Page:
RICHMOND, Va. — The origins of the holiday date back over 100 years. The Virginia General Assembly designated Confederate General Robert E. Lee's birthday as a holiday back in 1890, according to the Richmond-Times Dispatch.
In 1904, the Assembly made the holiday Lee-Jackson Day, to honor another Confederate general, Thomas "Stonewall" Jackson.
Then 80 years later President Ronald Reagan signed a bill establishing a national holiday to celebrate civil rights leader Martin Luther King Jr. The following year the Virginia Legislature combined King's celebration with the state's holiday honoring the two Confederate generals, forming the incongruous "Lee-Jackson-King Day."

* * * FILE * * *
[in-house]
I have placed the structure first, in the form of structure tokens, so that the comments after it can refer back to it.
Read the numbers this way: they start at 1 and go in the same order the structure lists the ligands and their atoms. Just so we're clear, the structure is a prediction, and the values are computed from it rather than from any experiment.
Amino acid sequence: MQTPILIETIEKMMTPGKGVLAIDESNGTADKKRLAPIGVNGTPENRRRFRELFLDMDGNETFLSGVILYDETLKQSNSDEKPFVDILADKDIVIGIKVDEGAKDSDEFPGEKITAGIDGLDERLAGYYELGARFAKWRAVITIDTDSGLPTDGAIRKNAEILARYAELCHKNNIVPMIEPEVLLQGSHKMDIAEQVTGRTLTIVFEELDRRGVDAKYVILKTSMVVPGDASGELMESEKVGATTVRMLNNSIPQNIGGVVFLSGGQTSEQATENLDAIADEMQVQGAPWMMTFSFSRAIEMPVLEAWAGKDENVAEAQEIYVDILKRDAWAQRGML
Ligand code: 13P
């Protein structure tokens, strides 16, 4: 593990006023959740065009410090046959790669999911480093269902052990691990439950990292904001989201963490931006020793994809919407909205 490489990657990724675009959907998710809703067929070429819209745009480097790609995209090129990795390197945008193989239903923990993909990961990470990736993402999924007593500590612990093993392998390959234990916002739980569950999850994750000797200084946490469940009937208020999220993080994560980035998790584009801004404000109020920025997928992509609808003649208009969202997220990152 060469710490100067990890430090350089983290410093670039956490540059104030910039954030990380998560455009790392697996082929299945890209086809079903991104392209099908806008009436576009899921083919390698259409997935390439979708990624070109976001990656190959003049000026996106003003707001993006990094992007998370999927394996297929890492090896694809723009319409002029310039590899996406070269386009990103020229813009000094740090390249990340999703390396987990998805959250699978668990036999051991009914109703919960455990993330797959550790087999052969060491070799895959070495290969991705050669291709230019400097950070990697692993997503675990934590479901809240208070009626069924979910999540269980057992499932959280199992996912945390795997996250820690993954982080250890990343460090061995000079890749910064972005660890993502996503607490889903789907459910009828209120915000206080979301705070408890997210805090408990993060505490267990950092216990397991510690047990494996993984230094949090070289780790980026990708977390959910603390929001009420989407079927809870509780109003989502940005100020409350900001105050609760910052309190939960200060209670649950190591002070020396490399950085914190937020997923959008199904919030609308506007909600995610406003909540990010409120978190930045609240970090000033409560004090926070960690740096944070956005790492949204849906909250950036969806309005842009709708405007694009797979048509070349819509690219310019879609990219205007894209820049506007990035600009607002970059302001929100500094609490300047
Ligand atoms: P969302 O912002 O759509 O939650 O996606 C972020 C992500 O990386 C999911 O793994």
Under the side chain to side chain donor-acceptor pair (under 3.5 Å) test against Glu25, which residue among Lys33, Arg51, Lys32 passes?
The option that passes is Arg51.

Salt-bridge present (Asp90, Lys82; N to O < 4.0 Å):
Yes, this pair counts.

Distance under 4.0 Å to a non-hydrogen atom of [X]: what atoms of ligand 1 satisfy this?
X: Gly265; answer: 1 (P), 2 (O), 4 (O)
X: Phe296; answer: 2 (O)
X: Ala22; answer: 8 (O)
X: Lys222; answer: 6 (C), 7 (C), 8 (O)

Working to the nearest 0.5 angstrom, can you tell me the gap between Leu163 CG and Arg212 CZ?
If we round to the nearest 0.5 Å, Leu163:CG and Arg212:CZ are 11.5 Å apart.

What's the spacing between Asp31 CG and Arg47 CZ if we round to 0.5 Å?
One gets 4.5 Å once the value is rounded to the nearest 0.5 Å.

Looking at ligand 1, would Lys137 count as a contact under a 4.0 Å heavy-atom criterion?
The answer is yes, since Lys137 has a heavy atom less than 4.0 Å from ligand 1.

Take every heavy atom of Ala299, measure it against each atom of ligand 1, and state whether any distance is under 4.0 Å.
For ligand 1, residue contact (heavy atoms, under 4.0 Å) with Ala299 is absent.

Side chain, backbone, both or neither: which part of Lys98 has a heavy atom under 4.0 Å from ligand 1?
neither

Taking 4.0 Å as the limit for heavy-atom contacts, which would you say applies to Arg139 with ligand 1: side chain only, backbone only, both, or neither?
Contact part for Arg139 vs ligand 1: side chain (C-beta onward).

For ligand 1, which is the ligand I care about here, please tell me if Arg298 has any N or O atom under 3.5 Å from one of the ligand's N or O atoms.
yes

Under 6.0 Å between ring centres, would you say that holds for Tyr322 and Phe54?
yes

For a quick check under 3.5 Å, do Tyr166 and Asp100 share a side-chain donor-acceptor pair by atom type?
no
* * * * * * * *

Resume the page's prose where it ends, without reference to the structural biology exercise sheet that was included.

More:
In 2000, those two celebrations were separated.
Since then, Martin Luther King Jr. Day falls on the third Monday in January, while Lee-Jackson Day falls on the preceding Friday.
Celebrating Confederate generals continues to be a controversial topic. Locally, Norfolk, Newport News, and Hampton choose not to observe the holiday.
Gov. Ralph Northam has even proposed eliminating it entirely and make Election Day a state holiday. Norfolk Delegate Joseph Lindsey has introduced a bill in the current session (HB 108) to do just that.